Beate Lichtenberger, PhD of the Medical University of Vienna, Vienna, Austria, discusses the role of fibroblasts in cutaneous carcionogenesis. Dr Lichtenberger explains the recent discovery that skin fibroblasts are not a homogenous population but that there are in fact two lineages that develop during embryogenesis, which have distinct functions during homeostasis and during regeneration. For example, the upper lineage, found in the upper dermis, is important for hair follicle development. The second lineage comprises mainly of reticular fibroblasts, producing the bulk of collagen and extracellular matrix; these are very important in the first phase of wound healing, and because the second fibroblast lineage diminishes with age, this is why scab formation occurs in adults after skin injury. Dr Lichtenberger explains that the reason why scientists think that such fibroblasts may play different roles in cancer, is due to the fact that they have these distinct functions in skin regeneration and homeostasis. A study has been done, activating the Wnt/?-catenin signalling pathway in epidermal cells. This pathway is often very overexpressed and over-regulated in different types of cancers. They showed that epidermal cells with this mutation produce a plethora of growth factors, which modulate the microenvironment, and the fibroblasts respond in a distinct matter.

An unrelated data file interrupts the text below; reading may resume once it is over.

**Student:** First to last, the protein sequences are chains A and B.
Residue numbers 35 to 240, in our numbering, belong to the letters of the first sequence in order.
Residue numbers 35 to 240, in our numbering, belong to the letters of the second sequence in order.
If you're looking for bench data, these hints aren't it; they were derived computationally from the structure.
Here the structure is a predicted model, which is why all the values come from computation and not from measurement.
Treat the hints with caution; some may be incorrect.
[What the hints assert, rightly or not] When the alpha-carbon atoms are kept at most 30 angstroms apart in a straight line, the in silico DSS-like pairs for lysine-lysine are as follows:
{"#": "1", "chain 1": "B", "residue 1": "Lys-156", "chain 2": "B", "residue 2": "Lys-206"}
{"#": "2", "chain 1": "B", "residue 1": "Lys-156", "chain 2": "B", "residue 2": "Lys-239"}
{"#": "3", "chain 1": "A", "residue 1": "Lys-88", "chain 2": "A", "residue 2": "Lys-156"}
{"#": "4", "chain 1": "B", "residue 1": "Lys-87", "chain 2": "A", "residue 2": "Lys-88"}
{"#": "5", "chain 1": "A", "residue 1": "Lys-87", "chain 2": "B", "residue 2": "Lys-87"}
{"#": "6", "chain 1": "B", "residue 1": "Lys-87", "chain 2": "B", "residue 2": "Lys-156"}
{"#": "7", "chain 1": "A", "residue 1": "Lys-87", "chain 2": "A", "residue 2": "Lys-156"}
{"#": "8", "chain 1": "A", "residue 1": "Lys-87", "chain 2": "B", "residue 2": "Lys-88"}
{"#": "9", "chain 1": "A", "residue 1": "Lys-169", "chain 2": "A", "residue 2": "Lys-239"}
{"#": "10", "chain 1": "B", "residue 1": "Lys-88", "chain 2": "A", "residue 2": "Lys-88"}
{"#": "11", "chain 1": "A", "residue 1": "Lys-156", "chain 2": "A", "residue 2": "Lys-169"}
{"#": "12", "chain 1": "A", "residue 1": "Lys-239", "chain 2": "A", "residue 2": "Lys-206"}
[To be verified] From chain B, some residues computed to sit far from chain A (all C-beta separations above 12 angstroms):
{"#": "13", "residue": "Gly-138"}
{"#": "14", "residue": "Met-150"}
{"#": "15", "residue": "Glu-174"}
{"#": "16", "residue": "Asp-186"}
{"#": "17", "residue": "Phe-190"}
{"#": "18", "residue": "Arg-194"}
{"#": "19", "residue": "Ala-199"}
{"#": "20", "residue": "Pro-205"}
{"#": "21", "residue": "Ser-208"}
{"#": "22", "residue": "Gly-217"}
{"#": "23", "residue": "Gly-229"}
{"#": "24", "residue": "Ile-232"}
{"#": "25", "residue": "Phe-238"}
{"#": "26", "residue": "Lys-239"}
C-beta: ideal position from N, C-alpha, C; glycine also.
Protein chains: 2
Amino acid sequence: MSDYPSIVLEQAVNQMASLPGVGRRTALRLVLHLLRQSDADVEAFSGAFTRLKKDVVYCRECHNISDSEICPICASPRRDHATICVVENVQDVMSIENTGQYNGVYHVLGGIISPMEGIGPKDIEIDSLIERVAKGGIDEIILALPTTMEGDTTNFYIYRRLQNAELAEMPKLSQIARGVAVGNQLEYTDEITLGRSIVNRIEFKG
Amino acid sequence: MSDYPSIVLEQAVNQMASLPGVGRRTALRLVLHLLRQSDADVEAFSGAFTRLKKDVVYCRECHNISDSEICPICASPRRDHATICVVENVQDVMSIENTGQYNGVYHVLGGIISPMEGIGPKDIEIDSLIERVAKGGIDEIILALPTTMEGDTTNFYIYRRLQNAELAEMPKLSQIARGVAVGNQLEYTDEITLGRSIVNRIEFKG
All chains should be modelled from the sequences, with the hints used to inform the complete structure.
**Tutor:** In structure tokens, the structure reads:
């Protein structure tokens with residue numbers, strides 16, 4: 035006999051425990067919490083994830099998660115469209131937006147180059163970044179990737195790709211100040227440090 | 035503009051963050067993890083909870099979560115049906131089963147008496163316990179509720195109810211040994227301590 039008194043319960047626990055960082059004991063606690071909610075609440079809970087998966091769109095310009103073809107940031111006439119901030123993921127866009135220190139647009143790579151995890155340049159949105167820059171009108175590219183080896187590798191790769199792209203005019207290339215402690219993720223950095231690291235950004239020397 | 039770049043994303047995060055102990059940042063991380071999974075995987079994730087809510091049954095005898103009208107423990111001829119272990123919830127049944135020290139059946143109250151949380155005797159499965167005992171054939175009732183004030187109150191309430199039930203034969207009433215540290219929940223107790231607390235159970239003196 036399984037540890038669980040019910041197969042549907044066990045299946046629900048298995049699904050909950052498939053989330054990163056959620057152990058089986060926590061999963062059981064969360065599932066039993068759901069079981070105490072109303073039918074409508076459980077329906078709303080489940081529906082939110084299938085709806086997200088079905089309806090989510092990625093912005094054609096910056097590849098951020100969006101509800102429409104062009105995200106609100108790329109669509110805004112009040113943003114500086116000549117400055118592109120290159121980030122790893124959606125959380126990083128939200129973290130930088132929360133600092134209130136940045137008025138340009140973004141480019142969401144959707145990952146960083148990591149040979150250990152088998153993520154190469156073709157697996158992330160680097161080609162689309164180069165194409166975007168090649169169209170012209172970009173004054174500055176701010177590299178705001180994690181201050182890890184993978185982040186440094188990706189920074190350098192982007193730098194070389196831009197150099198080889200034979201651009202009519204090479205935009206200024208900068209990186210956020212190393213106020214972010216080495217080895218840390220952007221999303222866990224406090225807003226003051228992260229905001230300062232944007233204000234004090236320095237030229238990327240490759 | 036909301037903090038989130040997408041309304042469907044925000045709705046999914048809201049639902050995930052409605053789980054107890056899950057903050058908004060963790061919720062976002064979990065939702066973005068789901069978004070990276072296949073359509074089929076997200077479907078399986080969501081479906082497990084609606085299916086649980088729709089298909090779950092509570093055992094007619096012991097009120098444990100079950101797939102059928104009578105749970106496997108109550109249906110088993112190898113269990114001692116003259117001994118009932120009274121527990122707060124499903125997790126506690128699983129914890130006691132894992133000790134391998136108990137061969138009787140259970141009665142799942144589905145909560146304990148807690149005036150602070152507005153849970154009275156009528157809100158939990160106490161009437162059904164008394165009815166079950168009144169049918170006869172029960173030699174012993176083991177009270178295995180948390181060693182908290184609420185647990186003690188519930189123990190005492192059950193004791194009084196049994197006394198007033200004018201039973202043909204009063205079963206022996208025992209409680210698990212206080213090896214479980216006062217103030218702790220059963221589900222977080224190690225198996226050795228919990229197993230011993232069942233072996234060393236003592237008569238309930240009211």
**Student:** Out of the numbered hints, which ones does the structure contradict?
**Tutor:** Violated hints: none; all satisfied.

Now, the main excitement lies with the hope of finding out how mutated epidermal cells or melanoma cells are able to communicate with the fibroblasts in order to find and develop new therapies.
Recorded at the 2016 World Congress on Cancers of the Skin (WCCS) and the Congress of the European Association of Dermato-Oncology (EADO) in Vienna, Austria.